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The Purposes of Education 1 Discussion Paper Abstract This paper was written to open up debate and engage the Queensland community in a conversation of fundamental significance to Queensland’s future. Included in the consultation process were parent and teacher organisations; business, union and community leaders; academics working in the field of education ; education officials and people within the Queensland Government with an interest in or responsibility for educational matters. Consultation Paper: The Purposes of Education The Purposes of Education A research project commissioned by Education Queensland as a contribution to the development of Queensland State Education . 2010 Consultation Paper Prepared to assist consultations with the Queensland community Kaye Schofield May 1999 Setting out, clearly articulating or changing the aims of education are three of the most fundamental changes that could be made to any education system. There is, therefore, a great temptation on the part of politicians and indeed of society as a whole to avoid or to put off such a discussion. Christopher Winch, Quality and Education . 1996 31 May, 1999 2 Consultation Paper: The Purposes of Education Background to this project Education Queensland has commenced a.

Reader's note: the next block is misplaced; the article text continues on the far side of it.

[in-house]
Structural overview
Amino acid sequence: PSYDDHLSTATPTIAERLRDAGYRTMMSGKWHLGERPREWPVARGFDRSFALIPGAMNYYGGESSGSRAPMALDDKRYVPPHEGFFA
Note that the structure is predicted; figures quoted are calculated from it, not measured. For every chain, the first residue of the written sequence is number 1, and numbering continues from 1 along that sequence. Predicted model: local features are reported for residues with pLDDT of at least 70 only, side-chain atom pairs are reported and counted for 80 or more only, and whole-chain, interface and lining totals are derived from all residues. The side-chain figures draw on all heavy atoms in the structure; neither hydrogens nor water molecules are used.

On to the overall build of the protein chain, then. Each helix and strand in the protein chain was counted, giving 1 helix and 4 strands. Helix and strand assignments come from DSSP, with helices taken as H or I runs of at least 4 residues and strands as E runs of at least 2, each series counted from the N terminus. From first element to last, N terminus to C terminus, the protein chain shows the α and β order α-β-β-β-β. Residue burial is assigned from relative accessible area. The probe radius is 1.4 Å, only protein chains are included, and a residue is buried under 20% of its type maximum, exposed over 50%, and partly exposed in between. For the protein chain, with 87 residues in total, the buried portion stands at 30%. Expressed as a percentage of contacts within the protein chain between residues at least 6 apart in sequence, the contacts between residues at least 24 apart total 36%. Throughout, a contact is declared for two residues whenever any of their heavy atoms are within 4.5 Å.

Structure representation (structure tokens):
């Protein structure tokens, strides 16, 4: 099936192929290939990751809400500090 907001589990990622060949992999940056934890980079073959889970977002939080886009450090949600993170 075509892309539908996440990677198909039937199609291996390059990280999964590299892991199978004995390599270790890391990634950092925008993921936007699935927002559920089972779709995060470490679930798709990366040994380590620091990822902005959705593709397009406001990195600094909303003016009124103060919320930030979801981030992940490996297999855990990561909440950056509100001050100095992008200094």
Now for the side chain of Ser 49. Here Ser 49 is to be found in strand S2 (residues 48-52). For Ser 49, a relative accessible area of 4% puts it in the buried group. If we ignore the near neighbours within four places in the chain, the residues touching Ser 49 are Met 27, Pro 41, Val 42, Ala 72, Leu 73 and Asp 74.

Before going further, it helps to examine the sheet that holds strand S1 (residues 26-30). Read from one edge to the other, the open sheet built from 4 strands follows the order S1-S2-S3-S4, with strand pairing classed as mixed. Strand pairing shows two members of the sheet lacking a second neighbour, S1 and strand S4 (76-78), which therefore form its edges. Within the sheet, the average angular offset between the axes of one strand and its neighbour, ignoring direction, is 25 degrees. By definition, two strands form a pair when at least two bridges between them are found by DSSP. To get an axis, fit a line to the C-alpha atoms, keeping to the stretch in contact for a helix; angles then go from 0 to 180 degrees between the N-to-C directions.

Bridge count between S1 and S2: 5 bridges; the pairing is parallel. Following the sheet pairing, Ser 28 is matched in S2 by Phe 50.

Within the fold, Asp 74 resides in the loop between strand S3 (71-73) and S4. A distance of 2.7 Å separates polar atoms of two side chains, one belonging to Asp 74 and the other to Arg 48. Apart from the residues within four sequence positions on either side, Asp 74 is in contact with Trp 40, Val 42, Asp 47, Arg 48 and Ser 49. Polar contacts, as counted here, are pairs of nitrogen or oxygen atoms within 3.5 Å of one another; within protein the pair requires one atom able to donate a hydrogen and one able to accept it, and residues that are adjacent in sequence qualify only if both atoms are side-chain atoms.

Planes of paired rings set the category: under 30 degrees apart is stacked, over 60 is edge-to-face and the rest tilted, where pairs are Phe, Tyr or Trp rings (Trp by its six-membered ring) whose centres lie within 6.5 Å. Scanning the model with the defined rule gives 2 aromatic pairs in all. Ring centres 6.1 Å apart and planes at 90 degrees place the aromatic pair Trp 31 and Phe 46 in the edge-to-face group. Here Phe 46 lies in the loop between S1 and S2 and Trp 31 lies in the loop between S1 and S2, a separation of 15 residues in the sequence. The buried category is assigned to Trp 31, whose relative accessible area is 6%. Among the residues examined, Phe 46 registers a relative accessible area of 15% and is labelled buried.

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The education system today is a system that is solely based on a teacher-student relationship. In today's system, it's more "schooling" than educating. Teachers teach and students learn because they are taught that teachers are always right. Students are taught not to question, and not to challenge the system. Paulo Freire in Pedagogy of the Oppressed goes into much detail about some of the challenges that the system of education faces. Some challenges that the education faces are concepts of, Fear of Freedom, Oppressed versus the Oppressor, and Culture of Silence. In the system of education . there is a fear of freedom, where the educators are afraid to challenge the curriculum of those in higher authority in the fear of losing their careers; they teach what they are told to teach their students. Some educators want to challenge the system but if the majority do not act along with them, how can they challenge and change the ways of teaching. They have to follow the instructions of the administrators. Any act that is of their own can jeopardize their career. Freire also talks about the Fear of Freedom (46). He states that because there is no sense of freedom teachers become oppressed. He says that, "freedom is acquired by conquest not by gift. (47)" They do not attempt to challenge the status quo. This concept is the Freirean Flip. The concept of the Freirean Flip is ironic because the oppressed.